Loopholes in US Laws Allowed for 200,000 Child Marriages: Report
Kids in the US get married to older adults all the time.
Demonstrators gather in veils and wedding garb at a "Chain-In" at the New Jersey State House in Trenton, New Jersey to protest Gov. Chris Christie's veto Bill A3091. This bill would have made New Jersey the first state in the U.S. to officially end child marriage. According to the nonprofit Unchained At Last @unchainedatlast, who organized the Chain-In, around 3,600 children under the age of 18 were married in New Jersey between 1995 and 2014. Photo by @sophialynnguida #protectgirlsrights #endchildmarriage #tooyoungtowed #unchainedatlast #chainin
That was the conclusion drawn by Jeanne Smoot, the author of a new study on the prevalence of child marriage in the US.
The report found that more than 200,000 children under the age of 18 were married in the US between 2000 and 2015, the majority of which were underage girls marrying adult men, according to the report, released by Tahirih Justice Center.
The marriages frequently took place due to loopholes in states where the legal marrying age is 18 but exceptions can be made with parental or judicial approval. Some of those loopholes allow a child of any age to be married with special approval, and nine states allow for child marriage in the cases of pregnancy.
Read More: New York Has Finally Outlawed Child Marriage
Only three states — Virginia, Texas, and New York — completely limit marriage to adults.
Girls as young as 10 years old were married during the time period in Alaska, Louisiana, South Carolina, and Tennessee, according to a previous report.
Child marriage is linked to higher rates of maternal and child mortality, domestic violence, and HIV infection, and it also has a higher chance of disrupting a child’s education, according to the report.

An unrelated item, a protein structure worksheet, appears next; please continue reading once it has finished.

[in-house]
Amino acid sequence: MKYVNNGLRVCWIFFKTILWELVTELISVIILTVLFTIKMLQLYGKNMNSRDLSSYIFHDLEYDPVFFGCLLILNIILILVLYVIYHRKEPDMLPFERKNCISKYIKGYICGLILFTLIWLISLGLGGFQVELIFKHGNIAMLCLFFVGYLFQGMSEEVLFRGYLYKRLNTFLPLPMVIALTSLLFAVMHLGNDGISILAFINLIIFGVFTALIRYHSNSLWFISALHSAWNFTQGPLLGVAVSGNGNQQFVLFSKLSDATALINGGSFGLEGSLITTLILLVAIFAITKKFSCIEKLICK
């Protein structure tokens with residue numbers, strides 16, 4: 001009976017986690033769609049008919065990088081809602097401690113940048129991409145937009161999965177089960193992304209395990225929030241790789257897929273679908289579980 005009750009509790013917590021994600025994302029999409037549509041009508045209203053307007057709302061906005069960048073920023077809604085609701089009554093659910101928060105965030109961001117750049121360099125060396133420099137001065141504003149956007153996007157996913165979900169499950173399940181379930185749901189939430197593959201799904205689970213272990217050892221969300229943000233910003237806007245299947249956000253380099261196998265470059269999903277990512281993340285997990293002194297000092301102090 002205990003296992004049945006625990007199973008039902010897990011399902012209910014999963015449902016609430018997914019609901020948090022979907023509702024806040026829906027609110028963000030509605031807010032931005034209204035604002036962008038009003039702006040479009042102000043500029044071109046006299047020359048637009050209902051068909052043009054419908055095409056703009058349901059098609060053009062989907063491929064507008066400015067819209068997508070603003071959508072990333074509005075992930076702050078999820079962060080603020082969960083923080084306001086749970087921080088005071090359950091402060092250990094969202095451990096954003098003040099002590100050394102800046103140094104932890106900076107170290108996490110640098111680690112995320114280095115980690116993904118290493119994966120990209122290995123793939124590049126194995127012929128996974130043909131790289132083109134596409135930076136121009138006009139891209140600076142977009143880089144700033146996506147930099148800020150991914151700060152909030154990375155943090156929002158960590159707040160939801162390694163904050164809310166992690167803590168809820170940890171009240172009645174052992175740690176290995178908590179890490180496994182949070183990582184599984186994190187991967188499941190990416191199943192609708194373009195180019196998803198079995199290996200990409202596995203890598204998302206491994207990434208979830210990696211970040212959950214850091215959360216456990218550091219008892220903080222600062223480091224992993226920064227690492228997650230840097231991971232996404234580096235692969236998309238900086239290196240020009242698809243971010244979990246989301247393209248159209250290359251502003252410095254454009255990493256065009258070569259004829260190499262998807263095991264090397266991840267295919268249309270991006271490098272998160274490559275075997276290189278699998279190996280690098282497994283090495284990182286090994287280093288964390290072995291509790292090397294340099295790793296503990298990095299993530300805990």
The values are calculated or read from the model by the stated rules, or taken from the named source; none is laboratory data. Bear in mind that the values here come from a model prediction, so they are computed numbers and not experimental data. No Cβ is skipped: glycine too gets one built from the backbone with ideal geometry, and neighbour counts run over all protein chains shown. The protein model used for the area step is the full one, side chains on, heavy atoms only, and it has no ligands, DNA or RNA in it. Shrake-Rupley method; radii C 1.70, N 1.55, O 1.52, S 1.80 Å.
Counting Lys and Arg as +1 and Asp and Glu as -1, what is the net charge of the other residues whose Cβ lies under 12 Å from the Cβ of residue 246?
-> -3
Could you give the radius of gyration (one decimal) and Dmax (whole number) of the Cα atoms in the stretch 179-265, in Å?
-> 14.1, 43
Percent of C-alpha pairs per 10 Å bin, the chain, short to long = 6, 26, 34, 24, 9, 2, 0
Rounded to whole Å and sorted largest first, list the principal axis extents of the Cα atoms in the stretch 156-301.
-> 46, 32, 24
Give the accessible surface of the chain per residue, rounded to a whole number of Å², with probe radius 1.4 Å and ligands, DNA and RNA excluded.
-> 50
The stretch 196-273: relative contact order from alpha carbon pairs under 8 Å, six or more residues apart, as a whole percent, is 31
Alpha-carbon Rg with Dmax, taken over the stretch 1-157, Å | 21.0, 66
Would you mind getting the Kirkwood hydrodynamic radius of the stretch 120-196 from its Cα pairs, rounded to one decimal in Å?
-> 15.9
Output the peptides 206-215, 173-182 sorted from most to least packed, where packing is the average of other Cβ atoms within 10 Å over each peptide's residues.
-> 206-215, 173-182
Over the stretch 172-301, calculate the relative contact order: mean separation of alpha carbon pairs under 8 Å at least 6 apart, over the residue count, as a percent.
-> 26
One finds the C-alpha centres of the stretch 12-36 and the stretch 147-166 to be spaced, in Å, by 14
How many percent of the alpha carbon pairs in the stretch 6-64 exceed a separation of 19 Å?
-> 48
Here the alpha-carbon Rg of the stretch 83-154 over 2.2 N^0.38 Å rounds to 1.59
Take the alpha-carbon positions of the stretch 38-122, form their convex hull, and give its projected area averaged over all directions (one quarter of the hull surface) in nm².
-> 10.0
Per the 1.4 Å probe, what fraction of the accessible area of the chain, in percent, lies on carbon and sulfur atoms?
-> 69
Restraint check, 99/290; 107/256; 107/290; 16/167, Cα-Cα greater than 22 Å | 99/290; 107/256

The report, Falling Through the Cracks: How Laws Allow Child Marriage to Happen in Today’s America, is the first comprehensive analysis of provisions in all 50 states and Washington, DC, that leave children more vulnerable to forced marriage and the harms of early marriage, the Tahirih Justice Center said.
“Most of the children who are married in the US are girls. Their full and healthy development is compromised, and their future opportunities are curtailed. Tahirih’s fight to change state laws is not only about child protection; it’s about girls’ rights and empowerment,” said Smoot.
Global Citizen, in partnership with CHIME FOR CHANGE, campaigns to close legal loopholes and discriminatory laws against girls and women through our #LeveltheLaw campaign.
According to advocates who fight against child marriage, those loopholes need to be closed before more children end up married and in danger.
“From our experience, when a child is forced into a marriage, the perpetrator is almost always the parents,” Fraidy Reiss, founder of Unchained At Last, a nonprofit dedicated to helping women and girls leave arranged and forced marriages, told the Huffington Post. “But these children are not all coming out of abusive, violent, dysfunctional homes. It’s often parents who think they are doing the best thing for their child.”
Smoot, the author of the report, emphasized that there are ways that states can bring about en end to child marriage.
“With this report, we’re challenging state legislators to move from awareness to action,” she said.